How to Teach Editing and Revising – Set Up a Writing Critique Group

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Tip#5In this blog, I am sharing how I am mentoring a group of high school science students to write and publish a book about their science research experiences by April 2015 with the goal of selling 500 copies by the end of the school year.

Writing can seem easy as you work on the first draft. The words just flow. Then you begin to look over that draft, and you realize that you could do better. You edit and revise, again and again. After awhile, you almost see mirages of words you edited before, and it becomes impossible to see mistakes.

For students writing a book, this is a real problem. They need to get another set of eyes to look at their draft to help them fix the mistakes. Yet who has time to read and reread a draft book, let alone edit and revise it? Most teachers don’t have that kind of extra time, and other people rarely are interested enough. Only another writer would be willing to help. Therefore, the best people to review a writer’s draft work and help with editing and revising are other writers.

I have six high school science students writing and publishing their own books, so I organized them into a writing critique group. This group is a circle of writers who are dedicated to editing and revising one another’s work. These groups can be organized in different ways—see The Writers Craft for a good description. I told my students to pair up and edit and revise each other’s books, then pair up and do it again with a different person. You can download the Writing Critique Group Guidance I gave them. When they finish, they will all have a well-written, final draft that they can share with beta readers.

Next week, my post will have a tip on how to find beta readers.

Subscribe to this blog at https://bryanholmesstem.wordpress.com to get email updates of my posts with weekly tips you can use in your classroom as I describe how I am mentoring six high school science students to become published authors by April 2015. Also, please give me your feedback, and please share blog posts with other teachers or anyone who may benefit.

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Mentoring Science Students to Draft a Book – Give Them a Template

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Tip#4In this blog, I am sharing how I am mentoring a group of high school science students to write and publish a book about their science research experiences by April 2015 with the goal of selling 500 copies by the end of the school year.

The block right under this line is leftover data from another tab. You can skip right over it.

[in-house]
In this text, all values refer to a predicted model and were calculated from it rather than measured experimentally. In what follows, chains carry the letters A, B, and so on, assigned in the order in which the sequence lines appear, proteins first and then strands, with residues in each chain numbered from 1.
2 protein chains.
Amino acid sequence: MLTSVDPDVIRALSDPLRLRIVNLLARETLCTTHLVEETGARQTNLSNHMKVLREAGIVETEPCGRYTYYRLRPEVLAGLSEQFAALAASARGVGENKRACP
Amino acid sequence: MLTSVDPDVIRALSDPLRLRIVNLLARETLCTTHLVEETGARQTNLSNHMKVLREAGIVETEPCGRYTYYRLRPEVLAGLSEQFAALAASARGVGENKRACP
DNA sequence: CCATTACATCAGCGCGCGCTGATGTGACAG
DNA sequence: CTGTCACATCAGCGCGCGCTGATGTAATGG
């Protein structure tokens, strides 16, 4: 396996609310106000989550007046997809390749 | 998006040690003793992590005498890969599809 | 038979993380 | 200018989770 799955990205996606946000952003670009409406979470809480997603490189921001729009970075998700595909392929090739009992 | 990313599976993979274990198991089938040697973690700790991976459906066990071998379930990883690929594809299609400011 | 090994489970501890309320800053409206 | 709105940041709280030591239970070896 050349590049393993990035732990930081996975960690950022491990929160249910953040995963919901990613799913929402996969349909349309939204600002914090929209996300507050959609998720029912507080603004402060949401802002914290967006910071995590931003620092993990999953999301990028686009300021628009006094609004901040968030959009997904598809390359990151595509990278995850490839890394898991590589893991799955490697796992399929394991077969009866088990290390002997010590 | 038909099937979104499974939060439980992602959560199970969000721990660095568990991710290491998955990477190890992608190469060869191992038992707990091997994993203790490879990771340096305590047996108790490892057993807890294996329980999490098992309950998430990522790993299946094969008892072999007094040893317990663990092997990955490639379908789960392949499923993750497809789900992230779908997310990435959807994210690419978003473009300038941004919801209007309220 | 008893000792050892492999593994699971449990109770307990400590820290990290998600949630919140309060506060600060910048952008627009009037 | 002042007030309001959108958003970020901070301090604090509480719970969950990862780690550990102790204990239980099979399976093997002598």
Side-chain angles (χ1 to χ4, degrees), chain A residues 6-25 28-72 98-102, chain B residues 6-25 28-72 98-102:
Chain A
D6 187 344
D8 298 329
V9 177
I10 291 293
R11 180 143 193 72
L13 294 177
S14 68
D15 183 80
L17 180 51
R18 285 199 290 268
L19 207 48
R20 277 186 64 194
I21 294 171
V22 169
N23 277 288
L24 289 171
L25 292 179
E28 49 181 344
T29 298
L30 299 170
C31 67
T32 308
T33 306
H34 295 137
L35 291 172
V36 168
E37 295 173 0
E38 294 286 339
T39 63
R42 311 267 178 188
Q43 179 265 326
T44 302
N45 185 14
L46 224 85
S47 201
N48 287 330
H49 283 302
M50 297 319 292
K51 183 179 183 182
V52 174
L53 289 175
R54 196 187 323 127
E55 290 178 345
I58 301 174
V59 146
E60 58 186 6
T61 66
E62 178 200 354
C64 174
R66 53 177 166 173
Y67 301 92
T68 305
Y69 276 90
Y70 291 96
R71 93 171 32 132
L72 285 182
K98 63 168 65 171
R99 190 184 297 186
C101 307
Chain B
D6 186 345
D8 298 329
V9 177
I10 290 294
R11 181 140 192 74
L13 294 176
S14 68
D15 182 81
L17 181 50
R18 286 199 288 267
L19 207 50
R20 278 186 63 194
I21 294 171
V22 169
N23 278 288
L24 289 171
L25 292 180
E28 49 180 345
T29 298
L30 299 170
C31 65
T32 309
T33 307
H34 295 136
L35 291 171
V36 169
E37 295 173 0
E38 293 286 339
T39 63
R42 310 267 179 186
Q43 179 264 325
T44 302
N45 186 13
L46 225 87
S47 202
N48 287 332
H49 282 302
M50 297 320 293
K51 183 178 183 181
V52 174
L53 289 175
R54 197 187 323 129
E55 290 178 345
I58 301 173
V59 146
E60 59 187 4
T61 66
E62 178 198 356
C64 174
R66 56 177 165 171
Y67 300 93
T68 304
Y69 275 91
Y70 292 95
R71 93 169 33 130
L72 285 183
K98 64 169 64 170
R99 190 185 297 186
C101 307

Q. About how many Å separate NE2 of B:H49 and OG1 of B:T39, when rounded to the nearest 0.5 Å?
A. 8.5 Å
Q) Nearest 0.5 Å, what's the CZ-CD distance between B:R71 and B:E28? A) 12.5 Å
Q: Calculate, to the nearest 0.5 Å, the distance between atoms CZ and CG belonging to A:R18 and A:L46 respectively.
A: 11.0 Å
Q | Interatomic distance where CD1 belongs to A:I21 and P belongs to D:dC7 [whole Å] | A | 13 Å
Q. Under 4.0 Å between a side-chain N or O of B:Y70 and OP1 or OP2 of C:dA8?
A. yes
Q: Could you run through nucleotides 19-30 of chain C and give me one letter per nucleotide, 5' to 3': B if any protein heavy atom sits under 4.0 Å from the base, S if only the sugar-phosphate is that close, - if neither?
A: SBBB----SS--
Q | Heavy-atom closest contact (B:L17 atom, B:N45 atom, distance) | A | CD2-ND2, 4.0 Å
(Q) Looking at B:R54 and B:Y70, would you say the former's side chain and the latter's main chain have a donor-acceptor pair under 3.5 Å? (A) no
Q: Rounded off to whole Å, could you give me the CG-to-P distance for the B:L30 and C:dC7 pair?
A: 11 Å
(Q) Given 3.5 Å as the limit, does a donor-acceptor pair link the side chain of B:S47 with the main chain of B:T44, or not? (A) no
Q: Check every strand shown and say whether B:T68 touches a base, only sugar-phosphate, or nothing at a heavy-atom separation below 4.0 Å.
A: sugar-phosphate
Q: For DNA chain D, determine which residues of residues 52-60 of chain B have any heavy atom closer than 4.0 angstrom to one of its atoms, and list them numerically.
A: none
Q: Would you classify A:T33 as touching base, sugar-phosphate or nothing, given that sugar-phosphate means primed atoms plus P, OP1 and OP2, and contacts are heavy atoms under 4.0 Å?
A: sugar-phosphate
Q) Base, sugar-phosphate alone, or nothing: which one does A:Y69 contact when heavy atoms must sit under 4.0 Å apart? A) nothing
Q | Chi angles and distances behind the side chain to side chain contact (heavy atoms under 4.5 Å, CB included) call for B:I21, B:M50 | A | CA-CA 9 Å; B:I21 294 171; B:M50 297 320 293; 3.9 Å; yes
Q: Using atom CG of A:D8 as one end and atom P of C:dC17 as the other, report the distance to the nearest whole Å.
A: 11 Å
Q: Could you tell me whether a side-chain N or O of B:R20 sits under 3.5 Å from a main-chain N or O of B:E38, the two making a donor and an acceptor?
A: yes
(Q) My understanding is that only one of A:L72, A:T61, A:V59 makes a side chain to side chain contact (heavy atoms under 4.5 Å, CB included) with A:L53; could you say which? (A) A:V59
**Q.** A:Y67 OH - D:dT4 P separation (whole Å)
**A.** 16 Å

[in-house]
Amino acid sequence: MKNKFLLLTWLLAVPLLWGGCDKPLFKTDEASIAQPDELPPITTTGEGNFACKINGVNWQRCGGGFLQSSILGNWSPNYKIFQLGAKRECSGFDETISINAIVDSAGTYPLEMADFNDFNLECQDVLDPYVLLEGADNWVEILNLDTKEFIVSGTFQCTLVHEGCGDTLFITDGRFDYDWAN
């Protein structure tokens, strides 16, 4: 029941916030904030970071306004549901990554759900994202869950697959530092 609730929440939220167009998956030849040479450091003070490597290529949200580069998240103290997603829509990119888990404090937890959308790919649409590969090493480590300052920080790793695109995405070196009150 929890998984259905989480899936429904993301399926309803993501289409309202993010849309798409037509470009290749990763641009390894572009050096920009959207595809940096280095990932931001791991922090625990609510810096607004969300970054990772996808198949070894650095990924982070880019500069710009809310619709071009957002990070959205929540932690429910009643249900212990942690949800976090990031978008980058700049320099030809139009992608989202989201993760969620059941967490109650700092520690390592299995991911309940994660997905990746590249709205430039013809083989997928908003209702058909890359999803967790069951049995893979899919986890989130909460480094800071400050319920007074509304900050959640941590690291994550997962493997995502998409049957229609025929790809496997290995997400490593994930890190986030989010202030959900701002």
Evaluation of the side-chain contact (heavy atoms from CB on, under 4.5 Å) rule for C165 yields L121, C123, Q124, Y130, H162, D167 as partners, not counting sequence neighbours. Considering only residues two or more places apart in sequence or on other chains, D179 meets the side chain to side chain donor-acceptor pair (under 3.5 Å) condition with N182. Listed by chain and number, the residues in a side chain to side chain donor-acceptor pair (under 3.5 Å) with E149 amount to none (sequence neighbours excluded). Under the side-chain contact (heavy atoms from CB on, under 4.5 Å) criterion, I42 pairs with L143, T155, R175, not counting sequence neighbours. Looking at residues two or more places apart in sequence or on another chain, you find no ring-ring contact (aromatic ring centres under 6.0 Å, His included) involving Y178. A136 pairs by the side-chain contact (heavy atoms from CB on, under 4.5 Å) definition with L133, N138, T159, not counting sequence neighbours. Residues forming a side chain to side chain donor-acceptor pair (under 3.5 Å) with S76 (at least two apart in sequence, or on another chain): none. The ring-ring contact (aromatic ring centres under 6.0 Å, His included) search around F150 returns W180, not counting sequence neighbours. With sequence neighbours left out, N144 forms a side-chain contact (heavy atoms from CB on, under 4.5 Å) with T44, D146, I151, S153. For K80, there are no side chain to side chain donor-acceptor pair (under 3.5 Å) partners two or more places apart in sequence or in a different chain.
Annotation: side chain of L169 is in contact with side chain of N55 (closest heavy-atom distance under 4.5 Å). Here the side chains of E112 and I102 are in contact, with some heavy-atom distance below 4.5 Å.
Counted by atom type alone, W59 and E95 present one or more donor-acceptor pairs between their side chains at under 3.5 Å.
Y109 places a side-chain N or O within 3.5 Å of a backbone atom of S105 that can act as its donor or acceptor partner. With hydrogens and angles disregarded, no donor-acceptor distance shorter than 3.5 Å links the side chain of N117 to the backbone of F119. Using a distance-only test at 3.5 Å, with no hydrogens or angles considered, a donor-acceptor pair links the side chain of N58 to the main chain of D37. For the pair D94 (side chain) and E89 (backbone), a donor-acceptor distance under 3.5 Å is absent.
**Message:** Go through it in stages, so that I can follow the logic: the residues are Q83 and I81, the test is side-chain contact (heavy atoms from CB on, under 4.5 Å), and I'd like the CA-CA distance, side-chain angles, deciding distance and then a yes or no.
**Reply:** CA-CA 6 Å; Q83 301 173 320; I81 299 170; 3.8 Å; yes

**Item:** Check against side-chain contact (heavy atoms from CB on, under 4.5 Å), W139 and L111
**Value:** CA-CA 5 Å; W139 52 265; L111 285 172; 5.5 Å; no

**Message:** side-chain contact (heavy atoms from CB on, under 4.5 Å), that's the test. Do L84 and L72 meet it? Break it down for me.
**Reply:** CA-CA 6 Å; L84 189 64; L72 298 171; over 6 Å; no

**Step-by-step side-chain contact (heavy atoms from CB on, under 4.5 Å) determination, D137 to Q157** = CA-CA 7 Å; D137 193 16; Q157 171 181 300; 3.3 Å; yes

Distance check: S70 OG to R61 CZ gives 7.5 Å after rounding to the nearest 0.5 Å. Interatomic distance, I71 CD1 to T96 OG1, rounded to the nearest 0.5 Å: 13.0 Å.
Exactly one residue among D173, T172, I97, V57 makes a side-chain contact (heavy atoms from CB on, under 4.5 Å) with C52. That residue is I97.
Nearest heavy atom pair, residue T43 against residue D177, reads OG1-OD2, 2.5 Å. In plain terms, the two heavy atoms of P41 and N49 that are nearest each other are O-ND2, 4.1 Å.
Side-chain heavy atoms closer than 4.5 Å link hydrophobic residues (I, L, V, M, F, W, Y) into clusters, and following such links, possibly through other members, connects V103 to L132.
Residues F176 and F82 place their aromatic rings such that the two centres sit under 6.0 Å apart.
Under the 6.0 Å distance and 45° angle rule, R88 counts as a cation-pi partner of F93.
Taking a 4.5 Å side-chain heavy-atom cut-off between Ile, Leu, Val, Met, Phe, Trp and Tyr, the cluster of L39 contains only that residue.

How should a physics and engineering teacher like me instruct students in how to write a book? I gave the reasons why I am doing this project in a previous post. I have been learning about the self-publishing process over the past year, as I published my first book and marketed it. This did not make me an expert, but it gave me a new perspective that I could share with students. Besides this experience, we are networking with writers in our community to give the students other perspectives on writing and publishing.

But back to the main question – how should a science teacher like me teach students this process of writing and publishing? I decided to give the students wide latitude on creativity, while giving them more detailed guidance on deadlines and expected outcomes. To start them off, I had two meetings with them before the summer break where we discussed ideas for books and the importance of writing to a target audience. For the summer, I gave them the assignment to write a first draft of the book, due mid-August. We are starting to review these drafts now. To help them save time and concentrate on the creative aspect of writing, I gave the students a book template that was formatted as a paperback book, ready for publishing. All they had to do was type over the text. Since the whole point of this project was to learn to communicate effectively about science through a book, learning the intricacies of formatting a book, as required in the Chicago Manual of Style, was not high on my list of learning objectives. Providing the students a template saved them valuable time to do what was most important.

Throughout this project, I will show other ways that you can mentor students in the creative process of producing a book, while giving them supports that keep the project from being too daunting and time consuming. If you would like to see or use the template, click Book Template for Students to download it. It was based on the template provided at the “Tools and Resources” link on the website for APE (Author, Publisher, Entrepreneur): How to Publish a Book, by Guy Kawasaki and Shawn Welch. I had used this book as my primary guide in writing and publishing my first book, and I recommend it.

Next week, my post will have a tip on organizing students into a writing critique group.

Subscribe to this blog at https://bryanholmesstem.wordpress.com to get email updates of my posts with weekly tips you can use in your classroom as I describe how I am mentoring six high school science students to become published authors by April 2015. Also, please give me your feedback, and please share blog posts with other teachers or anyone who may benefit.